Endowing a NAO Robot With Practical Social-Touch Perception
Research output: Contribution to journal › Journal article › peer-review
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Social touch is essential to everyday interactions, but current socially assistive robots have limited touch-perception capabilities. Rather than build entirely new robotic systems, we propose to augment existing rigid-bodied robots with an external touch-perception system. This practical approach can enable researchers and caregivers to continue to use robotic technology they have already purchased and learned about, but with a myriad of new social-touch interactions possible. This paper presents a low-cost, easy-to-build, soft tactile-perception system that we created for the NAO robot, as well as participants’ feedback on touching this system. We installed four of our fabric-and-foam-based resistive sensors on the curved surfaces of a NAO’s left arm, including its hand, lower arm, upper arm, and shoulder. Fifteen adults then performed five types of affective touch-communication gestures (hitting, poking, squeezing, stroking, and tickling) at two force intensities (gentle and energetic) on the four sensor locations; we share this dataset of four time-varying resistances, our sensor patterns, and a characterization of the sensors’ physical performance. After training, a gesture-classification algorithm based on a random forest identified the correct combined touch gesture and force intensity on windows of held-out test data with an average accuracy of 74.1%, which is more than eight times better than chance. Participants rated the sensor-equipped arm as pleasant to touch and liked the robot’s presence significantly more after touch interactions. Our promising results show that this type of tactile-perception system can detect necessary social-touch communication cues from users, can be tailored to a variety of robot body parts, and can provide HRI researchers with the tools needed to implement social touch in their own systems.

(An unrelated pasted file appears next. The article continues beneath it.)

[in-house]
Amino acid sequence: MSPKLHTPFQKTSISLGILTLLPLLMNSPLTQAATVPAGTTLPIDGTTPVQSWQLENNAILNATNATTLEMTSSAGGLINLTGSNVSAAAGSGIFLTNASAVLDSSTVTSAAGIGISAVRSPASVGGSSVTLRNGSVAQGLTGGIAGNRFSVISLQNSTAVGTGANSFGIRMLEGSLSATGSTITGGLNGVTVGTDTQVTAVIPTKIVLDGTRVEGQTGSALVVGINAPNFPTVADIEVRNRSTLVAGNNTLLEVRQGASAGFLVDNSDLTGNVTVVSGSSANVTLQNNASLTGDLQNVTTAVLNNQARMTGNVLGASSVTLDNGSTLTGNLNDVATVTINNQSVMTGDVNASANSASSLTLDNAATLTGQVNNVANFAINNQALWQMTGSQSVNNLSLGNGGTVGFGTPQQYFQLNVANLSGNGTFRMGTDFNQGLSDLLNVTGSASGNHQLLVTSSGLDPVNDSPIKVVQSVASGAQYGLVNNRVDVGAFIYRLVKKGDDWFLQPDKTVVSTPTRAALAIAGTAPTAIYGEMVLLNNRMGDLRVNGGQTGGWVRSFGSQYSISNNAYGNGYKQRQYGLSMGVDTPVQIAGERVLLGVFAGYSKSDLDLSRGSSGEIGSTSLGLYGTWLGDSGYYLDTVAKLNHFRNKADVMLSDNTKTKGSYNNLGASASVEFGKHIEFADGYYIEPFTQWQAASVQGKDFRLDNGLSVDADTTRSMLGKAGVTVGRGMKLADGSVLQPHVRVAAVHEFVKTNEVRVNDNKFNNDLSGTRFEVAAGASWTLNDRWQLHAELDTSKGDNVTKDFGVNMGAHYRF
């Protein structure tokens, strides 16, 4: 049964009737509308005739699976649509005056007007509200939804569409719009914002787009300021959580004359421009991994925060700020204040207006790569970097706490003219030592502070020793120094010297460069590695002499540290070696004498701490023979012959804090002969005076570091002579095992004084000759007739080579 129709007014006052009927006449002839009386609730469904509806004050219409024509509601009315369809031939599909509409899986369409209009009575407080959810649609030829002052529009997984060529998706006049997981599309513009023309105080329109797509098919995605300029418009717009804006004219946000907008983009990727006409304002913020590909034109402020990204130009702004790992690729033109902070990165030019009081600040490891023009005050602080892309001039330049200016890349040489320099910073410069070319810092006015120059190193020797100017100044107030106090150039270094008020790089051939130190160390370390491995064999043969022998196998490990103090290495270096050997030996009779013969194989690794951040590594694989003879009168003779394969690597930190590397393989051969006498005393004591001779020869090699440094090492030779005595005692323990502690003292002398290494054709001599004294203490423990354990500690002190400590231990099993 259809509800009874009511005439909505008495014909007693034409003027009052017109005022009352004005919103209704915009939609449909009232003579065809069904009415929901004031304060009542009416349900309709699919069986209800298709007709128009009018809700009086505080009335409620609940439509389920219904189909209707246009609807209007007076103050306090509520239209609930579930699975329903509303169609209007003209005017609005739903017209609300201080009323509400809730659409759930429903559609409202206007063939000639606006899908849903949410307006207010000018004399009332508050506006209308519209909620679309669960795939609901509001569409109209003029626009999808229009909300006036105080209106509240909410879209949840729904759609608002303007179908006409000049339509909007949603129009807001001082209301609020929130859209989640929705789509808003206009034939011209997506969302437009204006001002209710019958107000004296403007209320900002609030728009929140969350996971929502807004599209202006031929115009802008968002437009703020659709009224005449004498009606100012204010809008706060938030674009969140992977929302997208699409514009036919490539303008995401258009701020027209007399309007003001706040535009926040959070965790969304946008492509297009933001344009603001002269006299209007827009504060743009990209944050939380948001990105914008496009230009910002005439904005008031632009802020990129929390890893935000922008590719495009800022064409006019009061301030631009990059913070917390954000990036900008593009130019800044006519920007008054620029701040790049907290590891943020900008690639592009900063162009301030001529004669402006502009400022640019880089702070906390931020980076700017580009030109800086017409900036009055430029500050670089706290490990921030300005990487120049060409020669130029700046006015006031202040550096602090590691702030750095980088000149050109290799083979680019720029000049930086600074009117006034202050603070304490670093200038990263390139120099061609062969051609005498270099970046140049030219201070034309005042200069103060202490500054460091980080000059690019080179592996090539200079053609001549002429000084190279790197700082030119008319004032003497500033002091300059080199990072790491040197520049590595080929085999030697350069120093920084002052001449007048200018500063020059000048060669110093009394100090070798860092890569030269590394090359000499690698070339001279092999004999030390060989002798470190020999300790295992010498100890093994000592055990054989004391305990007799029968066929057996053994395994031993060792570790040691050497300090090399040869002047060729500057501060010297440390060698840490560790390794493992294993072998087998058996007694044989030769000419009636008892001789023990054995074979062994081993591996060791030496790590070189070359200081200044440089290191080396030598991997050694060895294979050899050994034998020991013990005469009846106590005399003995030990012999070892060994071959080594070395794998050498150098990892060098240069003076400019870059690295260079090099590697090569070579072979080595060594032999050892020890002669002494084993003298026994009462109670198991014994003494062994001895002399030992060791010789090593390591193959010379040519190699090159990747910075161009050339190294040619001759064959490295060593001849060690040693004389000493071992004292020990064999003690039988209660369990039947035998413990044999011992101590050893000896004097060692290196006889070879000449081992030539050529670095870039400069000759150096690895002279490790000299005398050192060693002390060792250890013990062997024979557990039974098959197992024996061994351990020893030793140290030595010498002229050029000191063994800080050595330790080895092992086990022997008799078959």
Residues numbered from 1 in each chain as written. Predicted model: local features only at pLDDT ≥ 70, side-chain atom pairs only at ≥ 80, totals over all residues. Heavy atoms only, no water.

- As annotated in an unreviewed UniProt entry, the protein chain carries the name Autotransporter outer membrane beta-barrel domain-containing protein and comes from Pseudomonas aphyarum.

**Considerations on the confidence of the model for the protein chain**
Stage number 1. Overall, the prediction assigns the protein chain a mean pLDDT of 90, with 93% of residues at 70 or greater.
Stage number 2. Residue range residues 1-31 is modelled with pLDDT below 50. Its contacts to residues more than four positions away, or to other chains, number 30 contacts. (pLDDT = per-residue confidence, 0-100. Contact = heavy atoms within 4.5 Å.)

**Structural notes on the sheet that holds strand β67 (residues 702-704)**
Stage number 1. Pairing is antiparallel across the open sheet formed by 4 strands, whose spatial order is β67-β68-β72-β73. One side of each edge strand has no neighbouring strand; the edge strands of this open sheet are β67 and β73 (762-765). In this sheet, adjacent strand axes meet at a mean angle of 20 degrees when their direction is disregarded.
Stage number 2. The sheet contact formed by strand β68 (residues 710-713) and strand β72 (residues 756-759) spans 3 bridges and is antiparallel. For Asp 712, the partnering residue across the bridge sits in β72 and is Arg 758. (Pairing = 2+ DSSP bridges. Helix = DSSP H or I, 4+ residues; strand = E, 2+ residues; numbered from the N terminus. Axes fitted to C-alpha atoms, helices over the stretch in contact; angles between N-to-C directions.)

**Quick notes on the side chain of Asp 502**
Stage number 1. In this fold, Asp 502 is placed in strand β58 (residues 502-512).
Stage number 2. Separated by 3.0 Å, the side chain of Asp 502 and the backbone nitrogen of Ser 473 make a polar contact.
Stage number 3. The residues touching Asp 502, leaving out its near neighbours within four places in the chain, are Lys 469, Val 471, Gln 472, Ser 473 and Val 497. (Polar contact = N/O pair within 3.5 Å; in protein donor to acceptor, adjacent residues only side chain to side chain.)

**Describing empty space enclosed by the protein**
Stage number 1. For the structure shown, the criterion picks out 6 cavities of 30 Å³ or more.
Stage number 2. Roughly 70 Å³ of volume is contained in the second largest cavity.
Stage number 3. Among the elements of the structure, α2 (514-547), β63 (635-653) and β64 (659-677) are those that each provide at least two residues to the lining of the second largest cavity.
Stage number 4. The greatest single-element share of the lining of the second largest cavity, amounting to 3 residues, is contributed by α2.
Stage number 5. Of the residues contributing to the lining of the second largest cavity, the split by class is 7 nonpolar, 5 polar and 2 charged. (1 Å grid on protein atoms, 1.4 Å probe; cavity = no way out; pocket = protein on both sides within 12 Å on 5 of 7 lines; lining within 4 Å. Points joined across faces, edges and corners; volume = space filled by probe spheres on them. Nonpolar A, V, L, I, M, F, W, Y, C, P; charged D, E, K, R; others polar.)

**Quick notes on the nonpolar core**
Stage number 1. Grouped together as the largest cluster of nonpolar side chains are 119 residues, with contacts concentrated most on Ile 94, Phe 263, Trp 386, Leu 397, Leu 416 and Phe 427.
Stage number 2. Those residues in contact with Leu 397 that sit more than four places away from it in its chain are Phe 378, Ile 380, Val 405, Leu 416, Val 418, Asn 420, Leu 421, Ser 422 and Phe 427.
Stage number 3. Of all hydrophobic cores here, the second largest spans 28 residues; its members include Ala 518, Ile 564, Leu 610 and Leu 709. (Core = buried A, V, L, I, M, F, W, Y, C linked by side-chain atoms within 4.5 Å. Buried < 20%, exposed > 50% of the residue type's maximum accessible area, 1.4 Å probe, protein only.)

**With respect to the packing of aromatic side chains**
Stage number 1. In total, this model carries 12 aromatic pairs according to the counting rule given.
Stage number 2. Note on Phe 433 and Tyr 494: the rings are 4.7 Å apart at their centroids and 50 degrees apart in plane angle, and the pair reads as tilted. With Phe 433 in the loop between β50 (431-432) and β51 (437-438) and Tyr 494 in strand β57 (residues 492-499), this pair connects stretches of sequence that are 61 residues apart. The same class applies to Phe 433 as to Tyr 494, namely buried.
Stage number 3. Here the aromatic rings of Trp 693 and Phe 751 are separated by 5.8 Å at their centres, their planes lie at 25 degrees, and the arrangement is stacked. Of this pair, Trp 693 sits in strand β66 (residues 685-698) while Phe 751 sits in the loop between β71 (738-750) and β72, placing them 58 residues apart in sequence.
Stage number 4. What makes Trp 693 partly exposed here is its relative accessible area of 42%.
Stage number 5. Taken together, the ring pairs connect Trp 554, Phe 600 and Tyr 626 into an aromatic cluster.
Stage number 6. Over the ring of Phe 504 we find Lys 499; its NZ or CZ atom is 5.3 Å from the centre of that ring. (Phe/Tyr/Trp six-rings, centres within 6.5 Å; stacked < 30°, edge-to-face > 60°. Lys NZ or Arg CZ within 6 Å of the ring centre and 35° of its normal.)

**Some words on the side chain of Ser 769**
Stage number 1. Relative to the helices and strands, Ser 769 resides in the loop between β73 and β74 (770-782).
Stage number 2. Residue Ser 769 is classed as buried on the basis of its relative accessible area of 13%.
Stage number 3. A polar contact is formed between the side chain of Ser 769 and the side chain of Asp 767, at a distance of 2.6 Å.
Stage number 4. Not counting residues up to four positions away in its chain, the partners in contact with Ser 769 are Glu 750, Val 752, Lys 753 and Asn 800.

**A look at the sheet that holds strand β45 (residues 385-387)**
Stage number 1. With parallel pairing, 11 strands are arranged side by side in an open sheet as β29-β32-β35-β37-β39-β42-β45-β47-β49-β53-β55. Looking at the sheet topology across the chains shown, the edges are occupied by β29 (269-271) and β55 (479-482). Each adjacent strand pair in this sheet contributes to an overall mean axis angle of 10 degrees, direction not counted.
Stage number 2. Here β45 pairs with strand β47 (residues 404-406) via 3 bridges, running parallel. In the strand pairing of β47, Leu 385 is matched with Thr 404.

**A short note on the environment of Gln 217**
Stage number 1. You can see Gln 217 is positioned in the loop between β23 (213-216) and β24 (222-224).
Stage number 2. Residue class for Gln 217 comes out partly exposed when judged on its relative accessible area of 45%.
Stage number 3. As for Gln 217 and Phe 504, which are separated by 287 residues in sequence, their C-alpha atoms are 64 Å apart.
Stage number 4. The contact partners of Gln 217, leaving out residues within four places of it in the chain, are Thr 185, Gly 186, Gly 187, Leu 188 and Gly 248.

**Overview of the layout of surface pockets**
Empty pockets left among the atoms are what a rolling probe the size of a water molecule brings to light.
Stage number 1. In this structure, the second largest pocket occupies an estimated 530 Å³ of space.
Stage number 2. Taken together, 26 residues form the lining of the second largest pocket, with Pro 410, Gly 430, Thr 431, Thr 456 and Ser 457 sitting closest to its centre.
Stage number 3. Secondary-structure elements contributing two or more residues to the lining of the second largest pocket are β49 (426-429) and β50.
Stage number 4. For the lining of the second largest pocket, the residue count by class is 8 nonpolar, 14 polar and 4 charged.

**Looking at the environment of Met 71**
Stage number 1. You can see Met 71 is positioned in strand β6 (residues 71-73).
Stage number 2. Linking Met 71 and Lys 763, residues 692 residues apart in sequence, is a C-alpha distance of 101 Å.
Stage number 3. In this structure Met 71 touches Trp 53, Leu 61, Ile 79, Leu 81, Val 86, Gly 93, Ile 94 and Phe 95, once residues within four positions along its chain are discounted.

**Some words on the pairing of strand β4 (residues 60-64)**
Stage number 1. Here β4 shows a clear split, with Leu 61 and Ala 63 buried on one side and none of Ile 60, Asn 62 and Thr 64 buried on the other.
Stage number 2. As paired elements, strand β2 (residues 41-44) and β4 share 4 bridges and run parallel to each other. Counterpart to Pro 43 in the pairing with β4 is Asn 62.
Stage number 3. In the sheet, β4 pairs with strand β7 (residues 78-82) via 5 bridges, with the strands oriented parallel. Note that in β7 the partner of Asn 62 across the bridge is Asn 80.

|Journal||Frontiers in Robotics and AI|
|Publication status||Published - 2022|
Copyright © 2022 Burns, Lee, Seifi, Faulkner and Kuchenbecker.
- affective touch, gesture classification, human-robot interaction, social touch, socially assistive robotics, tactile sensors